2

1

NA

Team A

4

Team B

2

2

NA

Final

4

 

2

2

Lead Held

In this illustration, Team A scores the first goal and the second goal. Which puts the home team up 2-0 and the max lead at 2. When team B scores its first goal, the max lead stays at 2 because while Team A had conceded a goal, they have yet to lose their lead. Once Team B scores their second goal however, the score is tied at 2-2 signifying a loss of a lead. Team As two goal lead has effectively been completely nullified. When Team A scores two more goals and wins the game by two goals 4-2, they have amassed a max lead of 2 goals again, and have also held the lead.

Scraping and Shaping Detailed Hockey Data

Using Pentaho Data Integration, I was able to scrape data from a popular hockey website, and shape it into an analytical set.  Many thanks to the folks at Hockey-Reference.com, who provided the raw data for this analysis.

The data chosen for this study includes 2,924 games. Within those 2,924 games there are 8,425 lead changes. For simplicity of data collection, games determined by shootout were omitted.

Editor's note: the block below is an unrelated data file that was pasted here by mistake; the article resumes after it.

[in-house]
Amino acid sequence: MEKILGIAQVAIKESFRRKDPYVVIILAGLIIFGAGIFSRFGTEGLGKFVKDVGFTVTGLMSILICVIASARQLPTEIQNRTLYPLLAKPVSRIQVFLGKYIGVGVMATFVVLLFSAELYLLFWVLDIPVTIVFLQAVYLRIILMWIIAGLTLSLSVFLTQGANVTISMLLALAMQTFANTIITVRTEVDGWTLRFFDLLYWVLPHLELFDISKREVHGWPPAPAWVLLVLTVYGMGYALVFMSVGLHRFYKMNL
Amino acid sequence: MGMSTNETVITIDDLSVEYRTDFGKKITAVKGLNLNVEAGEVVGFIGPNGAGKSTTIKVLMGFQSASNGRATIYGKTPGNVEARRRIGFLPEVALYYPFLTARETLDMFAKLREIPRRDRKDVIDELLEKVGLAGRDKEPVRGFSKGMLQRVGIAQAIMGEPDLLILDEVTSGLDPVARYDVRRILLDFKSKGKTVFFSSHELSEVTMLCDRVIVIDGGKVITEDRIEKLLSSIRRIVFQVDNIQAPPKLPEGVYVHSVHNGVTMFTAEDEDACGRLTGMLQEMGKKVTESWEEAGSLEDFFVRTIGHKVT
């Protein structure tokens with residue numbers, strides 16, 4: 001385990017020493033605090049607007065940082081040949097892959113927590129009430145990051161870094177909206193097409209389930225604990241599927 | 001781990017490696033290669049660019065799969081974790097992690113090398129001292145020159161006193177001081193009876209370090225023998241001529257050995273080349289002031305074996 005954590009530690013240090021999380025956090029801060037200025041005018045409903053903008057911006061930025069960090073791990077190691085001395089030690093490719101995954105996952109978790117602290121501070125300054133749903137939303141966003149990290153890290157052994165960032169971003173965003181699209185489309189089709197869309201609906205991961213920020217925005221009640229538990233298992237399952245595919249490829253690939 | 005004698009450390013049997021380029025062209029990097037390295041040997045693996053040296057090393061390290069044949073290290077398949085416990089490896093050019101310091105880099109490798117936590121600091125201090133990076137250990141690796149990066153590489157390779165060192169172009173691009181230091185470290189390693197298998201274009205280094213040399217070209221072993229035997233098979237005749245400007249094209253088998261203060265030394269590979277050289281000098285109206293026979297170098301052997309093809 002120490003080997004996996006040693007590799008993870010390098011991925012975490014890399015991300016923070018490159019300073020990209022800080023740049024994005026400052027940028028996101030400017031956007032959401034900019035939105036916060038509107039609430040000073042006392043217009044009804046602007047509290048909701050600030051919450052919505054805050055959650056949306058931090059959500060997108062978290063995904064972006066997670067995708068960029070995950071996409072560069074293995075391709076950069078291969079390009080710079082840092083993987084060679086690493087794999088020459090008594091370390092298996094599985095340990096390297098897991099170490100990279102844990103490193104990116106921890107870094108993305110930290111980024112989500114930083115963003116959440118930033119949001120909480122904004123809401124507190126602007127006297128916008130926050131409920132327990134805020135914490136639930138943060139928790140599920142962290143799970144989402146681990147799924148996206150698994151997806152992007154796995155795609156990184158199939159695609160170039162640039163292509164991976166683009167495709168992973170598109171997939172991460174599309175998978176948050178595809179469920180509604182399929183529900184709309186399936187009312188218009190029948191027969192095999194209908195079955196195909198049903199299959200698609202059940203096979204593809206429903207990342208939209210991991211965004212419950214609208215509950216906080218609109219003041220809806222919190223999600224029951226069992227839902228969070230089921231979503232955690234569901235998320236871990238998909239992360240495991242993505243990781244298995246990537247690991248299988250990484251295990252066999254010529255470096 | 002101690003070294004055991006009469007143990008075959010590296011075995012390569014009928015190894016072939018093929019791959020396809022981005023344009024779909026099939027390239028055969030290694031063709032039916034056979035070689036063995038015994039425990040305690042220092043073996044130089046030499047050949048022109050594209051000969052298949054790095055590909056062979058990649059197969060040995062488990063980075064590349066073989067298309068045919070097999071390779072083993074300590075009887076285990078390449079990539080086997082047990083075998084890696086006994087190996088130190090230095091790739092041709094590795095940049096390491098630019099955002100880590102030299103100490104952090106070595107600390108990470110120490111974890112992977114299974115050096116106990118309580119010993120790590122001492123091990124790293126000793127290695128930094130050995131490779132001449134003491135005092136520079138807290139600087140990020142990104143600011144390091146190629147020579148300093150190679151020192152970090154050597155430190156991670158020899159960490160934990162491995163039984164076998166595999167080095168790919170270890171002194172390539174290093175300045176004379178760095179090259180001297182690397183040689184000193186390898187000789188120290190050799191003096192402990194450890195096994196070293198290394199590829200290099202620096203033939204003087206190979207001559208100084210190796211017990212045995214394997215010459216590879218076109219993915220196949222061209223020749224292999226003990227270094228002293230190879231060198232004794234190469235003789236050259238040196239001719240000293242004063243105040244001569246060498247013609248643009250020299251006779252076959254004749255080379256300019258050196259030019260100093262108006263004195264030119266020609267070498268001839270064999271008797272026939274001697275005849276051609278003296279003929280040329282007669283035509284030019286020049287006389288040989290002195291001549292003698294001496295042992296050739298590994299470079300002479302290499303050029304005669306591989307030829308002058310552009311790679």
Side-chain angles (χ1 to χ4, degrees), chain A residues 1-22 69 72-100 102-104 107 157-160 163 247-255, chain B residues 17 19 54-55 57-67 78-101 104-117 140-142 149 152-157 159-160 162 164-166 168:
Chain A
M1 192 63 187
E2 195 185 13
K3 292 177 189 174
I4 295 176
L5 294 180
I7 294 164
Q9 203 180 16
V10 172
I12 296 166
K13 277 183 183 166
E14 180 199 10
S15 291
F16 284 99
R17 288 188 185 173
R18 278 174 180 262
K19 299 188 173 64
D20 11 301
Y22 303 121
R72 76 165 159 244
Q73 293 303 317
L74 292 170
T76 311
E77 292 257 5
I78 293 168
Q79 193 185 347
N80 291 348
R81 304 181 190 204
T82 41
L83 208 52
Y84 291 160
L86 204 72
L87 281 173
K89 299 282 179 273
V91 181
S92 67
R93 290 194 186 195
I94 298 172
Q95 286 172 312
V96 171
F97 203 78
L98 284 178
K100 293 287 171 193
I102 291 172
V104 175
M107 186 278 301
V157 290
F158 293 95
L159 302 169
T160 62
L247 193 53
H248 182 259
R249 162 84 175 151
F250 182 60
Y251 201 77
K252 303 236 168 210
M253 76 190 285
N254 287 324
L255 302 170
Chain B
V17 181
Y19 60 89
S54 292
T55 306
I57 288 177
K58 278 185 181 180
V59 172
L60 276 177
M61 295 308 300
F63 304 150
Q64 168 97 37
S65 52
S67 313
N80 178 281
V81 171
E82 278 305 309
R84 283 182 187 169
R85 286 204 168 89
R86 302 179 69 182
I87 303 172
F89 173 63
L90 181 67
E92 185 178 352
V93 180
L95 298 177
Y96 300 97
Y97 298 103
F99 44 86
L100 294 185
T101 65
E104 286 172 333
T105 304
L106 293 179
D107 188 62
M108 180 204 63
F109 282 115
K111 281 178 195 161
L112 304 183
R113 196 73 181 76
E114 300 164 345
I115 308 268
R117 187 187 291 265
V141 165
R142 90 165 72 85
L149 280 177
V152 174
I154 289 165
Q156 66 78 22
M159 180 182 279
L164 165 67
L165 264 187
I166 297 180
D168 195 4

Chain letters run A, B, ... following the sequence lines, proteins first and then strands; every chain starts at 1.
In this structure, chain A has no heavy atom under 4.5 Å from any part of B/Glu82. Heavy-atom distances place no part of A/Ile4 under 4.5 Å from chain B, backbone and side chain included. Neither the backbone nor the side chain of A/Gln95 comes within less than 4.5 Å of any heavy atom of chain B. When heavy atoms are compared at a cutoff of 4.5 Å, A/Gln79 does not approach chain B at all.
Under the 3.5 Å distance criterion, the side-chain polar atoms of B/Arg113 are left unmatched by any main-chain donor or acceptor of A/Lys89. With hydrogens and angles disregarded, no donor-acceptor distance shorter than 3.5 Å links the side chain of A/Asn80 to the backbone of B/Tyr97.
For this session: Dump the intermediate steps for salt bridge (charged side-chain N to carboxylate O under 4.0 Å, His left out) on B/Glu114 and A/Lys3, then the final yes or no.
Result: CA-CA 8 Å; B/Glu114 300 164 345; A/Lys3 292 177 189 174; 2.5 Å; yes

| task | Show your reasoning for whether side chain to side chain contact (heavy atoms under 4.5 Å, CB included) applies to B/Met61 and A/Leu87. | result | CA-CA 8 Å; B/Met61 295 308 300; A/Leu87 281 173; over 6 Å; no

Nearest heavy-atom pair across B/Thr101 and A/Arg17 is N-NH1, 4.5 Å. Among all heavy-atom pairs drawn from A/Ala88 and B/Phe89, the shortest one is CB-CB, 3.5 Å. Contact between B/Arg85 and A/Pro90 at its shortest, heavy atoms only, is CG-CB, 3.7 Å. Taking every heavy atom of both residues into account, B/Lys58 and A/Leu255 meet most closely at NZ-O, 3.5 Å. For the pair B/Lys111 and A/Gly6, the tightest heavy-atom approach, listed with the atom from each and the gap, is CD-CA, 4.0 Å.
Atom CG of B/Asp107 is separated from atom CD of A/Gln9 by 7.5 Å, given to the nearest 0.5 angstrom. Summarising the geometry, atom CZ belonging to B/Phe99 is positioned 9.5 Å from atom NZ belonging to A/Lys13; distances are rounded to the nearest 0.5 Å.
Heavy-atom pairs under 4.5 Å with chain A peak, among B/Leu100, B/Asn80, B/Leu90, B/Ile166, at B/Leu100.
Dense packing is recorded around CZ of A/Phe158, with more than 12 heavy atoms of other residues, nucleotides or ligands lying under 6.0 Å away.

I collected the data, stored it in a MySQL Database, and was able to aggregate and query the data based on the team and the nature of the lead.

Is the Two Goal Lead More Likely To Result in a Loss?

After digging through the data, the table below shows that one goal lead is far more difficult to maintain than a two goal lead.

Max Lead

Overall %  Held

8

100.000%

7

100.000%

6

100.000%

5

100.000%

4

98.901%

3

92.805%

2

64.962%

1

28.964%

As expected, large leads of 4 or more are almost always maintained by the winning team. Which is what we'd expect. How many times have you watched a team overcome a five goal lead after all? The results seem indisputable. A two goal lead is maintained about 65% of the time whereas a single goal lead is maintained a mere 29% of the time.